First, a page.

It’s never been more important for today’s students and graduates to use tools like LinkedIn for their career development.
The opportunities that lead to career success are in more places and connected to more people than ever before. Even as the world of work has been drastically transformed by cultural, societal, and technological trends in the last 10 to 15 years’ education has changed very little in the past 150 years.
Education is not keeping up with the realities facing students, and students are letting themselves down, even when they have more options than ever before to learn and succeed outside of formal education. At the same time, less graduates are getting the jobs they truly want and feel like they deserve. If LinkedIn is the number one place for career opportunities why aren’t students and graduates using it more effectively? Where is the disconnect?
LinkedIn is perhaps one of the least used and understood social media platforms by students and young adults between the ages of 18 – 25. I believe this comes down to the combination of three main objections from this demographic:
- We don’t think LinkedIn is for us.
- We don’t have time to use LinkedIn.
- We don’t know how to use LinkedIn.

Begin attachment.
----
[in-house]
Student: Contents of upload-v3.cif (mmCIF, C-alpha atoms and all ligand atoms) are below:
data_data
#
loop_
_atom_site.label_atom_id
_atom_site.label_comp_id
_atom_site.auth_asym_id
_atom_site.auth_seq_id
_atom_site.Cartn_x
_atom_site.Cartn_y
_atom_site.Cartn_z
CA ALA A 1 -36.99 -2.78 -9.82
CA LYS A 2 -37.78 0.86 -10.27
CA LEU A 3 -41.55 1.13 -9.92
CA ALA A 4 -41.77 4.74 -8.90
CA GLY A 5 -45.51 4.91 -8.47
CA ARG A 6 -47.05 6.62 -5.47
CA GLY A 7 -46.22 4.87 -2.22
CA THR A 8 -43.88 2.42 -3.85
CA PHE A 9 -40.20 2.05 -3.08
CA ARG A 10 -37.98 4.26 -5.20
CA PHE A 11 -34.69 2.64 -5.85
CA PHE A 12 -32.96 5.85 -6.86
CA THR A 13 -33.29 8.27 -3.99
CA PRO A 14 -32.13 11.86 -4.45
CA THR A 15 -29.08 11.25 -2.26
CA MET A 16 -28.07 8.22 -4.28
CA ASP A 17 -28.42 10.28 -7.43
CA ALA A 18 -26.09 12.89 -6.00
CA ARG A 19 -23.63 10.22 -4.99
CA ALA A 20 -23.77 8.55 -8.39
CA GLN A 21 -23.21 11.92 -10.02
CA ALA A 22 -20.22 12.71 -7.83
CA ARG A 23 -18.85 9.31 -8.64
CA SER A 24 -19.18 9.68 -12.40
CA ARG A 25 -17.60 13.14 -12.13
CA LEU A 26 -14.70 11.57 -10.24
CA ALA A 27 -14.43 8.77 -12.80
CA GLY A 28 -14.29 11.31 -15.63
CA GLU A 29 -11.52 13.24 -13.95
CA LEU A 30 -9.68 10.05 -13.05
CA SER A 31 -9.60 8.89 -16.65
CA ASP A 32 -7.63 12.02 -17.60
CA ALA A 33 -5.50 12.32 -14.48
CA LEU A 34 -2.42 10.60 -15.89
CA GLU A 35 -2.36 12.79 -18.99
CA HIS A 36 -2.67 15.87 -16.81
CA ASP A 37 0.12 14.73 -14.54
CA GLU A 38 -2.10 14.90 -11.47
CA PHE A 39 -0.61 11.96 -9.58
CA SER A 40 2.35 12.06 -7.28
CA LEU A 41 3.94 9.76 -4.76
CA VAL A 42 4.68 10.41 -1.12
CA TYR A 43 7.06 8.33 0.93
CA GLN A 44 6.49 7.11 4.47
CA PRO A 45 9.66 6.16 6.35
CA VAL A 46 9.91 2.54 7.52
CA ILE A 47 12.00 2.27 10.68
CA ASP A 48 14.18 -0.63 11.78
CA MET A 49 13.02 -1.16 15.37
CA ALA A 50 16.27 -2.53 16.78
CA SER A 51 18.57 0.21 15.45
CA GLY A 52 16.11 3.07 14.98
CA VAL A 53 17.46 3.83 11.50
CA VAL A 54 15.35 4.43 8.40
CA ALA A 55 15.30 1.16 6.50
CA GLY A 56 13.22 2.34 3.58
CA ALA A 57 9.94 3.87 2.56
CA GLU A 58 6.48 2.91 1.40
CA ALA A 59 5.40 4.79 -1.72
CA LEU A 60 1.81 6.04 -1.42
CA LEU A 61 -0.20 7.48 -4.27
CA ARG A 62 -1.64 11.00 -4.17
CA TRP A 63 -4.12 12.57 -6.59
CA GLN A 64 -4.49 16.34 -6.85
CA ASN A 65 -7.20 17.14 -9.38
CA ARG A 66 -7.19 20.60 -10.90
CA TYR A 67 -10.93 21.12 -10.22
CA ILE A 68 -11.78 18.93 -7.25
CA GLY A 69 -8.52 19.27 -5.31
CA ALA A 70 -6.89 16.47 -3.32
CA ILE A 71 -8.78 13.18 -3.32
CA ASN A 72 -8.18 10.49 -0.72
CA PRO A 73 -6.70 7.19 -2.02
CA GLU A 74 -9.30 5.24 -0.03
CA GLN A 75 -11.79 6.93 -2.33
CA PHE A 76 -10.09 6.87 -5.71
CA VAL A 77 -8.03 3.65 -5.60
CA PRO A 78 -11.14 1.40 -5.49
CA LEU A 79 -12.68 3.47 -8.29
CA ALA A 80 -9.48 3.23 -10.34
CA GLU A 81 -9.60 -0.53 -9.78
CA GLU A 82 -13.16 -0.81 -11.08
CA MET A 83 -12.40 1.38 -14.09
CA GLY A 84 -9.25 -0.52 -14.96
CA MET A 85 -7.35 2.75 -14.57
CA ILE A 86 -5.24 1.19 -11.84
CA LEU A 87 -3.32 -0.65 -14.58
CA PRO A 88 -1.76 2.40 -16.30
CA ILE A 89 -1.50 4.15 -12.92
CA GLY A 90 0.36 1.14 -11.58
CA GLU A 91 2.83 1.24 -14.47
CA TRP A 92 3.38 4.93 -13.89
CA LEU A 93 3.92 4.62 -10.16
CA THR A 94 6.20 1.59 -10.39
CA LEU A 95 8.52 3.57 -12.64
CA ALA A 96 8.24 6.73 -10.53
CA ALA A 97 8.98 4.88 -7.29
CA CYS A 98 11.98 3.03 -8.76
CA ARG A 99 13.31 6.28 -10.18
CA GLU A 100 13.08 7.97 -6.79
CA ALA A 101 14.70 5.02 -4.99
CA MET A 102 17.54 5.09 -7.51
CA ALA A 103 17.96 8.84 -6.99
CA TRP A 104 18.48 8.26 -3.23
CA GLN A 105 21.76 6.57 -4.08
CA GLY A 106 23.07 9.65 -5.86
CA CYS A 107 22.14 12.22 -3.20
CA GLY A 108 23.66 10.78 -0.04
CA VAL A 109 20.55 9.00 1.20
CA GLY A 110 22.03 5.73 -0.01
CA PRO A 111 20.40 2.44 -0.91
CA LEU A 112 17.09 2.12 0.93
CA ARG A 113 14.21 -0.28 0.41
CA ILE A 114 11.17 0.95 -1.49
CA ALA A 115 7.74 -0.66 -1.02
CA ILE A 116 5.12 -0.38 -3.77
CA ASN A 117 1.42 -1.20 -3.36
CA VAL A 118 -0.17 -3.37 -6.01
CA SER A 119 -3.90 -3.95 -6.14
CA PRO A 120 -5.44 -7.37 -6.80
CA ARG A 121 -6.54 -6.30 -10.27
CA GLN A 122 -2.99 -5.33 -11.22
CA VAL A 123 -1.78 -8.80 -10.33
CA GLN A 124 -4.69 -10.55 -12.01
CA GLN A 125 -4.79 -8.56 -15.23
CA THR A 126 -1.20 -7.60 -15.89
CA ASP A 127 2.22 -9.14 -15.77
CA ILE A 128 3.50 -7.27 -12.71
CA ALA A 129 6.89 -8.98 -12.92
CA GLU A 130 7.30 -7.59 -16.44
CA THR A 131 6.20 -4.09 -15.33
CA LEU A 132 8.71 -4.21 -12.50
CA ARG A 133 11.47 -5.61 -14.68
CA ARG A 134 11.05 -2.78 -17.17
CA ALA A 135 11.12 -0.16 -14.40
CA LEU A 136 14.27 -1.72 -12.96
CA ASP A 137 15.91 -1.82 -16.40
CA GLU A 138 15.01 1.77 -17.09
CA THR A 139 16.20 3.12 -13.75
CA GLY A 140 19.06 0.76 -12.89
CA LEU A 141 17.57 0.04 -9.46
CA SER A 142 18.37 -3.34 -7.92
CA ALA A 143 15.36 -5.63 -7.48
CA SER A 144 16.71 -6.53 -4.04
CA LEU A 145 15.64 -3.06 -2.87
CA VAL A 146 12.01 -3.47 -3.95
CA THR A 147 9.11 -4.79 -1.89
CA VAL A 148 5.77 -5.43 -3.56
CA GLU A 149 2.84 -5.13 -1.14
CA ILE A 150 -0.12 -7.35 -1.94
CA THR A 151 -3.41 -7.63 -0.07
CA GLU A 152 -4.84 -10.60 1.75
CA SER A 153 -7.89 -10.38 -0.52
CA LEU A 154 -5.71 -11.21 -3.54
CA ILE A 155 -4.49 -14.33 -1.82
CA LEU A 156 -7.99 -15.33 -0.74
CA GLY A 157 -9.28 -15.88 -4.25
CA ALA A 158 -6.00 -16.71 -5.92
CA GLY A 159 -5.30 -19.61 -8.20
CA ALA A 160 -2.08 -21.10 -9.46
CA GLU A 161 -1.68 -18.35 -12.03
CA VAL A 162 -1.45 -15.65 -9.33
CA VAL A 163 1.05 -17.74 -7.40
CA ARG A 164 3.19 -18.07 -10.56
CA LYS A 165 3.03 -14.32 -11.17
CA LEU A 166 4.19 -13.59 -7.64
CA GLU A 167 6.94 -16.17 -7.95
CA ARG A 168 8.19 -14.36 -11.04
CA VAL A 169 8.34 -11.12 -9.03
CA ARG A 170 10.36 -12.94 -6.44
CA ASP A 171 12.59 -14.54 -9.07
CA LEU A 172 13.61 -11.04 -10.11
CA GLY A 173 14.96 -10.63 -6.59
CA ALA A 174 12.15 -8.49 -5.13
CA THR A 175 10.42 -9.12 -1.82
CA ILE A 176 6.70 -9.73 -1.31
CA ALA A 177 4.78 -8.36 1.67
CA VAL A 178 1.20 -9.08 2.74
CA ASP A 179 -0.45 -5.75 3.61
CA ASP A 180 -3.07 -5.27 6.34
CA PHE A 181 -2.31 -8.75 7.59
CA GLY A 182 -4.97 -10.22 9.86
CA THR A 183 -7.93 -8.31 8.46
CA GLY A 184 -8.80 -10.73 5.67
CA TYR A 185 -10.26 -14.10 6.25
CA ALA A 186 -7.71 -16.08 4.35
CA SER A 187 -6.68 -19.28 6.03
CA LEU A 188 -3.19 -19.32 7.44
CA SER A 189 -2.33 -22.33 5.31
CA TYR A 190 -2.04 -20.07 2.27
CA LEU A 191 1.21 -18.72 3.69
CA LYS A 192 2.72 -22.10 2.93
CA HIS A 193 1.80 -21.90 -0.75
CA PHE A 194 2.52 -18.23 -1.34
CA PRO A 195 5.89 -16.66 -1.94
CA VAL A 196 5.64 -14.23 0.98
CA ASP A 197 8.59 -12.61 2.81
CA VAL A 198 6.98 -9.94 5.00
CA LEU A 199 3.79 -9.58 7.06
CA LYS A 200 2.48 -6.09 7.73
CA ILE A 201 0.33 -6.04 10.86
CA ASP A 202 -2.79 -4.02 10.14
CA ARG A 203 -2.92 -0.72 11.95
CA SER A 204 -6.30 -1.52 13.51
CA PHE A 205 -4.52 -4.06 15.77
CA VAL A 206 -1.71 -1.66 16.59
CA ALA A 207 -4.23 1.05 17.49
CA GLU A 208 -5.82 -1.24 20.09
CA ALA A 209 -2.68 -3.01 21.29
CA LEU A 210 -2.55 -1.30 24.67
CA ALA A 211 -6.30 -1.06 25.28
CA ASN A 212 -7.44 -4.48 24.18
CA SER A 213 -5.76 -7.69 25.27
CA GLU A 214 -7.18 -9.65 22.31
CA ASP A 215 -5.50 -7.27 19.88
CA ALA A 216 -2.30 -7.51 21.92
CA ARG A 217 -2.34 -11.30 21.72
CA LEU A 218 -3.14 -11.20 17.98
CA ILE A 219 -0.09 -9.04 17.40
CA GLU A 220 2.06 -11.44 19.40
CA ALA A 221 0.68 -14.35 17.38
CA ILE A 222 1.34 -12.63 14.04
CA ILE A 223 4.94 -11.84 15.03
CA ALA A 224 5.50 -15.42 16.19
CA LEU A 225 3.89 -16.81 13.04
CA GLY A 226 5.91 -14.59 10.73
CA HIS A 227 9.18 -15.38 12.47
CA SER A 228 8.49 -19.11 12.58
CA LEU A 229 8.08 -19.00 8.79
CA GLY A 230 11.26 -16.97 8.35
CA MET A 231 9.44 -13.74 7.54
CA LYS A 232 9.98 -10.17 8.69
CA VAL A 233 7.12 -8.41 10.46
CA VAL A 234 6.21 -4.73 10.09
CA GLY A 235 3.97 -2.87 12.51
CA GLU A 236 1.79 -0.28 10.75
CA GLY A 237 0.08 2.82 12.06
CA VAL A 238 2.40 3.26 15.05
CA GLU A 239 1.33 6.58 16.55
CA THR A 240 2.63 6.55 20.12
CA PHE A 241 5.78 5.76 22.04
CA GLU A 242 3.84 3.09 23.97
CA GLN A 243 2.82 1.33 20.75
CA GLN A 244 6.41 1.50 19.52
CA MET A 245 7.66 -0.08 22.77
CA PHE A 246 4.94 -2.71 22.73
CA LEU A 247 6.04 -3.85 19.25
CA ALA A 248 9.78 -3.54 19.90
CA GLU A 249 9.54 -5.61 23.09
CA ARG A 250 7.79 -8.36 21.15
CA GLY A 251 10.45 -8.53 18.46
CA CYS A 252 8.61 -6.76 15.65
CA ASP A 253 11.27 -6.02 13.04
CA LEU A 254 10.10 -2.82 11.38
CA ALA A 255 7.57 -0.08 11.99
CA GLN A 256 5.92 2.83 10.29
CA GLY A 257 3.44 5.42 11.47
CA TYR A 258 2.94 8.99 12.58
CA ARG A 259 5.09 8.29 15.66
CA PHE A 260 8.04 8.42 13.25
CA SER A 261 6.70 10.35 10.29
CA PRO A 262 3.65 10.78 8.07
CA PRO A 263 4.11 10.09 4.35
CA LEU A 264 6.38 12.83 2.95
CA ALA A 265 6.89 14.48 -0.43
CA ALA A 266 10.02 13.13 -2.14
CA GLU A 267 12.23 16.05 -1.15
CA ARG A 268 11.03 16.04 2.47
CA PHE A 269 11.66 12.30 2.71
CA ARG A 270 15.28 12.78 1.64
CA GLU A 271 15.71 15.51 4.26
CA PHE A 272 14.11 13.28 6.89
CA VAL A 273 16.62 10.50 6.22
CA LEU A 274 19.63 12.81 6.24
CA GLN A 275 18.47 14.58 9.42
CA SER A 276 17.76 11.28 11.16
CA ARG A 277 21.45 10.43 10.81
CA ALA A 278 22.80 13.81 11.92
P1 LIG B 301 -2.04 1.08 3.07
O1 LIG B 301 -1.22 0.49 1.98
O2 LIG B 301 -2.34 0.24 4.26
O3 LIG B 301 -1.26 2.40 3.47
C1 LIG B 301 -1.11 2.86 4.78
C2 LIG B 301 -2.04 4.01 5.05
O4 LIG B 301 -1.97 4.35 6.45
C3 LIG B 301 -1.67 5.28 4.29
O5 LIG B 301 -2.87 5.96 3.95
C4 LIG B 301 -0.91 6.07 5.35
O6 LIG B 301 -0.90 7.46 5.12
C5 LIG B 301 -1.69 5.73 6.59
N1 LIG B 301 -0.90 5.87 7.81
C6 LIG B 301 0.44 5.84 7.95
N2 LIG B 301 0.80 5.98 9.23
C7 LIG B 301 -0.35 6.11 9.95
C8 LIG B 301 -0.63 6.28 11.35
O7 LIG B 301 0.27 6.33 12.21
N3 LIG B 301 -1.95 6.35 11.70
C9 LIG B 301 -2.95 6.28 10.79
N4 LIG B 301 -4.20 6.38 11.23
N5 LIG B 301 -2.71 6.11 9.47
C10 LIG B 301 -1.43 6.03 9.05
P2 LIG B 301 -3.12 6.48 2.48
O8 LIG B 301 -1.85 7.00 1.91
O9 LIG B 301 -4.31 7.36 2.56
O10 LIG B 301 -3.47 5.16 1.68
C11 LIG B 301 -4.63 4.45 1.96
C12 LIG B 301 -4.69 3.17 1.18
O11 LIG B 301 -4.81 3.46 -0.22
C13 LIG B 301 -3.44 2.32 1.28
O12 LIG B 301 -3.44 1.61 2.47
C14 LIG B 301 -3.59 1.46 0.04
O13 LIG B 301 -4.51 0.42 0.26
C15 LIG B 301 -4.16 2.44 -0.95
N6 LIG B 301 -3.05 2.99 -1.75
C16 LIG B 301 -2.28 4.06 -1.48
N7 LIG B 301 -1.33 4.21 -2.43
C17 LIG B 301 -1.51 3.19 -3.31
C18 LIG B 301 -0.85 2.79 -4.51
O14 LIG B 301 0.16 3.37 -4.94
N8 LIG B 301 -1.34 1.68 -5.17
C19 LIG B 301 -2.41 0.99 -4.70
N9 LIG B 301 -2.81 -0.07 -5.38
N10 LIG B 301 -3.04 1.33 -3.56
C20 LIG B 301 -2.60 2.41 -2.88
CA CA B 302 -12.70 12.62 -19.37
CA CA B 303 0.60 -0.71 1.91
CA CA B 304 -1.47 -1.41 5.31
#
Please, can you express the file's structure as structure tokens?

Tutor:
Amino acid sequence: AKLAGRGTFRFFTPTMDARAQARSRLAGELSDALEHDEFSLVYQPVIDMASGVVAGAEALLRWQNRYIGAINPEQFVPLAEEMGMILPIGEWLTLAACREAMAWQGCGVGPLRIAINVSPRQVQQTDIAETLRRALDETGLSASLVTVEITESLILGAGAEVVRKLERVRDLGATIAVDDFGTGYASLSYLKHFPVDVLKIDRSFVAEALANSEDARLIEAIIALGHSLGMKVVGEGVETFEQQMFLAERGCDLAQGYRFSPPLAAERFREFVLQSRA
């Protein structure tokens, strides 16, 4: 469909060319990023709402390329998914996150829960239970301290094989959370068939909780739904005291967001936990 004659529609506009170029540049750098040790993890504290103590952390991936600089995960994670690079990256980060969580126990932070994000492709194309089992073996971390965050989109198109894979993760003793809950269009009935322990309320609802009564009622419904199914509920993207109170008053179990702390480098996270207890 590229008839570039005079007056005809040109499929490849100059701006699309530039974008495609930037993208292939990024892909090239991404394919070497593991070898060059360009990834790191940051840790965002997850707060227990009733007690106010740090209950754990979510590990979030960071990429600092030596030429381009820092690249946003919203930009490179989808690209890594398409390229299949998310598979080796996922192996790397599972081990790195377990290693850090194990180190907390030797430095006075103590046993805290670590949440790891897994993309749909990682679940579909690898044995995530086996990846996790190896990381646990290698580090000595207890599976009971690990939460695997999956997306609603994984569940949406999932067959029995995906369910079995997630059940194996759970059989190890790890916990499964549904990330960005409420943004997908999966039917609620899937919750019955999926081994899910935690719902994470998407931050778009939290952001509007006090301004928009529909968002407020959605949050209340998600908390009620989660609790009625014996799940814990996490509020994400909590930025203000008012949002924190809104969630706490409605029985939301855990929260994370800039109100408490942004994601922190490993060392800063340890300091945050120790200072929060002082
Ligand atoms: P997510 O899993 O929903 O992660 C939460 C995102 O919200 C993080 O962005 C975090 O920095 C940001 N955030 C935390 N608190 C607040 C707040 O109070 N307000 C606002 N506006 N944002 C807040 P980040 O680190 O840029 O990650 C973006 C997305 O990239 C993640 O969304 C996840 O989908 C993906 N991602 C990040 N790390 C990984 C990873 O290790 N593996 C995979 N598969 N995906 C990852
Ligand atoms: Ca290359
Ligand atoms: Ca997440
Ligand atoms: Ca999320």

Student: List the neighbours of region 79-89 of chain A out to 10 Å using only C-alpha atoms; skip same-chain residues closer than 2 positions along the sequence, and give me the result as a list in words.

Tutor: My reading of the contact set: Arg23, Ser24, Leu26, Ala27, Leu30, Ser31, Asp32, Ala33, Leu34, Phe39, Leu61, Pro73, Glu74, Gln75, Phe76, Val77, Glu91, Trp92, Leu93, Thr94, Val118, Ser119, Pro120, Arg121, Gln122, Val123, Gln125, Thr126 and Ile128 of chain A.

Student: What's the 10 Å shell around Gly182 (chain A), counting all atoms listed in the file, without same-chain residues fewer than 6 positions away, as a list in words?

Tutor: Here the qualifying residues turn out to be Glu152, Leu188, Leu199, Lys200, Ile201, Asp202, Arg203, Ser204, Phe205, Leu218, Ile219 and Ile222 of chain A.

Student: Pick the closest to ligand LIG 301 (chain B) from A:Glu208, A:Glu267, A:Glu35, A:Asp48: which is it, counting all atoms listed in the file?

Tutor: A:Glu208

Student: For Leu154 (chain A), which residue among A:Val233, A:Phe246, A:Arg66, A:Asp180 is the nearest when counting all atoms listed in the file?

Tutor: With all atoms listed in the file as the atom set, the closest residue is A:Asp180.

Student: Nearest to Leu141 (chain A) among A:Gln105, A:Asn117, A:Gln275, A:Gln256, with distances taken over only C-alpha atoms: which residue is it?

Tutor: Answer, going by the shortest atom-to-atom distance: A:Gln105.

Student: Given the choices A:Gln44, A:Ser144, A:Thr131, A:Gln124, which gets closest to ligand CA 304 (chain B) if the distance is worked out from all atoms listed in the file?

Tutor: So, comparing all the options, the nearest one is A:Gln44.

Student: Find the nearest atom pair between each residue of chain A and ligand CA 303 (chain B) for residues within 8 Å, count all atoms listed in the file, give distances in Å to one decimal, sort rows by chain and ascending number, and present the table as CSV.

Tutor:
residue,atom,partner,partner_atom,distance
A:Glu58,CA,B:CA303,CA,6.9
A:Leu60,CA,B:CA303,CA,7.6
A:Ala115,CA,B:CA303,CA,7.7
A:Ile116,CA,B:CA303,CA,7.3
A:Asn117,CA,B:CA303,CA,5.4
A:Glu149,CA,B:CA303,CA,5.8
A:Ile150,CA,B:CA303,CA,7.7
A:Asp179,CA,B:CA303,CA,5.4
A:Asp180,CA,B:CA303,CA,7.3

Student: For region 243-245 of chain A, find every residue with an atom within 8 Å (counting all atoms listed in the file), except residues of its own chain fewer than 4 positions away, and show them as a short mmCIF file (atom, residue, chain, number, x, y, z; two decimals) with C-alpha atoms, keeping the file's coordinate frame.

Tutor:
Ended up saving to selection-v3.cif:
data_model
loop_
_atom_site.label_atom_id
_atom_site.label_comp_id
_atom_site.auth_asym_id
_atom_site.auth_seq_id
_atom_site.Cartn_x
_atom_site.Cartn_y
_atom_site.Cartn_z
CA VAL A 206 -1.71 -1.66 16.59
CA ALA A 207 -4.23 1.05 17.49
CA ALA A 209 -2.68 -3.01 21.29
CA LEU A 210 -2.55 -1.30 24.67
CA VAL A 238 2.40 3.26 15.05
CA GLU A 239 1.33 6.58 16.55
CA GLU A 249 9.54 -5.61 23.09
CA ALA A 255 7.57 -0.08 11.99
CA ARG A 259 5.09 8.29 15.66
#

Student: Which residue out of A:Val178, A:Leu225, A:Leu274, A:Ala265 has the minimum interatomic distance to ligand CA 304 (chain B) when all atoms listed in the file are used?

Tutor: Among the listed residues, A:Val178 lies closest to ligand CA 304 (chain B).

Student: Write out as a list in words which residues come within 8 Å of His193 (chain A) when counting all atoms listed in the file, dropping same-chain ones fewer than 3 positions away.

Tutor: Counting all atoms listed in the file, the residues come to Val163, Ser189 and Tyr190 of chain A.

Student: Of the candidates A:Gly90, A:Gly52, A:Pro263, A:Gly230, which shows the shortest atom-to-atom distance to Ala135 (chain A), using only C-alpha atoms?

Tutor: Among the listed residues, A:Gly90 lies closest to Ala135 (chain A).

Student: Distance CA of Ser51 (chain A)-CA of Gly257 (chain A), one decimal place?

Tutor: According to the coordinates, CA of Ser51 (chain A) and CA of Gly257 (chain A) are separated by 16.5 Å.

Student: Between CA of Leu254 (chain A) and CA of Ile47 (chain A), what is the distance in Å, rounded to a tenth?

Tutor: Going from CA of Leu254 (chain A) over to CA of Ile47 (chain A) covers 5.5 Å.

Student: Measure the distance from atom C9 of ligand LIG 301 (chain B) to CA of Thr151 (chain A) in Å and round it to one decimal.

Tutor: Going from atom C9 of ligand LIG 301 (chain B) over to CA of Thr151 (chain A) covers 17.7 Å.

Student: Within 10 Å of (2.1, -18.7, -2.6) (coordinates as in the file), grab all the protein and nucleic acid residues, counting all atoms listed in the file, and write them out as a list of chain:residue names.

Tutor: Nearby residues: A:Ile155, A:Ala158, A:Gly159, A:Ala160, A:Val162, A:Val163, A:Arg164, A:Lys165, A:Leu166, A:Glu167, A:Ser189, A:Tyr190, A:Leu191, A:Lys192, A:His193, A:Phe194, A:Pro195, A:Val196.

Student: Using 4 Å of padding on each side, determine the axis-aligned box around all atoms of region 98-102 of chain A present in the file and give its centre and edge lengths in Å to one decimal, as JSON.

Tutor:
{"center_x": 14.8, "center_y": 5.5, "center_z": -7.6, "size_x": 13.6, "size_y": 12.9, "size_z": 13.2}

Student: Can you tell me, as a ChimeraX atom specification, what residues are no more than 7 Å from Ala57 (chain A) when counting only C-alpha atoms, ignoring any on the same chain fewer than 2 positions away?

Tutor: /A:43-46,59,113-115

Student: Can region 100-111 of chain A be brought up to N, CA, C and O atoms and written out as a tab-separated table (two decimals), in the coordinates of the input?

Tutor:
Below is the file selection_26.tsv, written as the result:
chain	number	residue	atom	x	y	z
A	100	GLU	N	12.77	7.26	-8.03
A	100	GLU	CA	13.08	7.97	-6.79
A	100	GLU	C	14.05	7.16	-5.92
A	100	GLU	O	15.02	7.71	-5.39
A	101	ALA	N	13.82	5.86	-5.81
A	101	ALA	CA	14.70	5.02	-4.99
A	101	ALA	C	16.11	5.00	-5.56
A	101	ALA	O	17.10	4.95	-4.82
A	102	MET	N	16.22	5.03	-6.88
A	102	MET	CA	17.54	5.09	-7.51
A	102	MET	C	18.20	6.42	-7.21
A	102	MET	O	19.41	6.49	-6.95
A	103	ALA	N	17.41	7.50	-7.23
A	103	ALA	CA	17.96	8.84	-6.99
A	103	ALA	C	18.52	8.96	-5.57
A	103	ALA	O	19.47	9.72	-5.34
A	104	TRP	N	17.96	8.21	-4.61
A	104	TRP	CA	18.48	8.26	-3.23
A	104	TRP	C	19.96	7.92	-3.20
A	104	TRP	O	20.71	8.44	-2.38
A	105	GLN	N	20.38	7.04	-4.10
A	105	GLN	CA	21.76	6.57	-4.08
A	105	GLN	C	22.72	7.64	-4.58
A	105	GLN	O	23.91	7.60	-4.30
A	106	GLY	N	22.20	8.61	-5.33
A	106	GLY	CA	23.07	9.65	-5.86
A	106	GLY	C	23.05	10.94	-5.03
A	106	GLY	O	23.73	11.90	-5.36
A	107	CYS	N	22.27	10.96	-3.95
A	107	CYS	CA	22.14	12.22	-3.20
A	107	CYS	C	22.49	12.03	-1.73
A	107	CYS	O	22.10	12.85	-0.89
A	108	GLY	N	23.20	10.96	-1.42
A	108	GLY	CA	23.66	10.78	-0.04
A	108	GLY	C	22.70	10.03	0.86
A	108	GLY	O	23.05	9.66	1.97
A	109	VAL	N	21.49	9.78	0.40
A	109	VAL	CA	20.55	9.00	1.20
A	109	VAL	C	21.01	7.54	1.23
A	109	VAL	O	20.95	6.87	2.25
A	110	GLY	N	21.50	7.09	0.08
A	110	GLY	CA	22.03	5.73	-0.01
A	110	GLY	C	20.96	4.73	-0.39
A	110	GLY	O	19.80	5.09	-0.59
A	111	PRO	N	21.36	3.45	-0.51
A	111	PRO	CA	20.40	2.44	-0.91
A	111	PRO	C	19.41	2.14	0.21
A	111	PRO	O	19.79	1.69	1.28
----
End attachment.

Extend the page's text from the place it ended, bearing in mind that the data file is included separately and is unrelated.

Getting Students Started on LinkedIn
Some of the biggest barriers for the use of LinkedIn by this demographic is the clear lack of interest and confidence. When a young person visits LinkedIn for the first time they don’t usually feel like they fit in, and with good reason. The vast majority of LinkedIn’s membership is composed of older and more experienced professionals.
This is not the place that caters to a student or young graduate looking for immediate gratification as many other apps and services provide. A professional brand and network are things that take time to develop, especially at the very beginning, and you never stop nurturing it no matter how experienced or successful you are.
How University Faculty Can Encourage Students to Use LinkedIn:
- Encourage students to go to linkedin.com to register if they haven’t already. It’s free and only takes 5-10 minutes. At this point students, shouldn’t worry too much about what they put on their profile as they can always come back once they understand more about LinkedIn. They can start by filling in the basics and perhaps even connect with some fellow students and people at the university.
- Visit the LinkedIn for Students page to get an overview of what the tool can do for students and graduates. A range of different resources are available from tip sheets to videos covering the most important topics for getting started on LinkedIn.
- Encourage students to visit your university page on LinkedIn where they can discover career insights from your alumni – where they live, where they work, and what they do. This is one of the best groups of people to start with when students need inspiration on LinkedIn that they can easily identify with. It’s also usually the group who is most likely to accept connection requests and respond to student messages on LinkedIn as long as they’re customized and written professionally. This is a great confidence booster.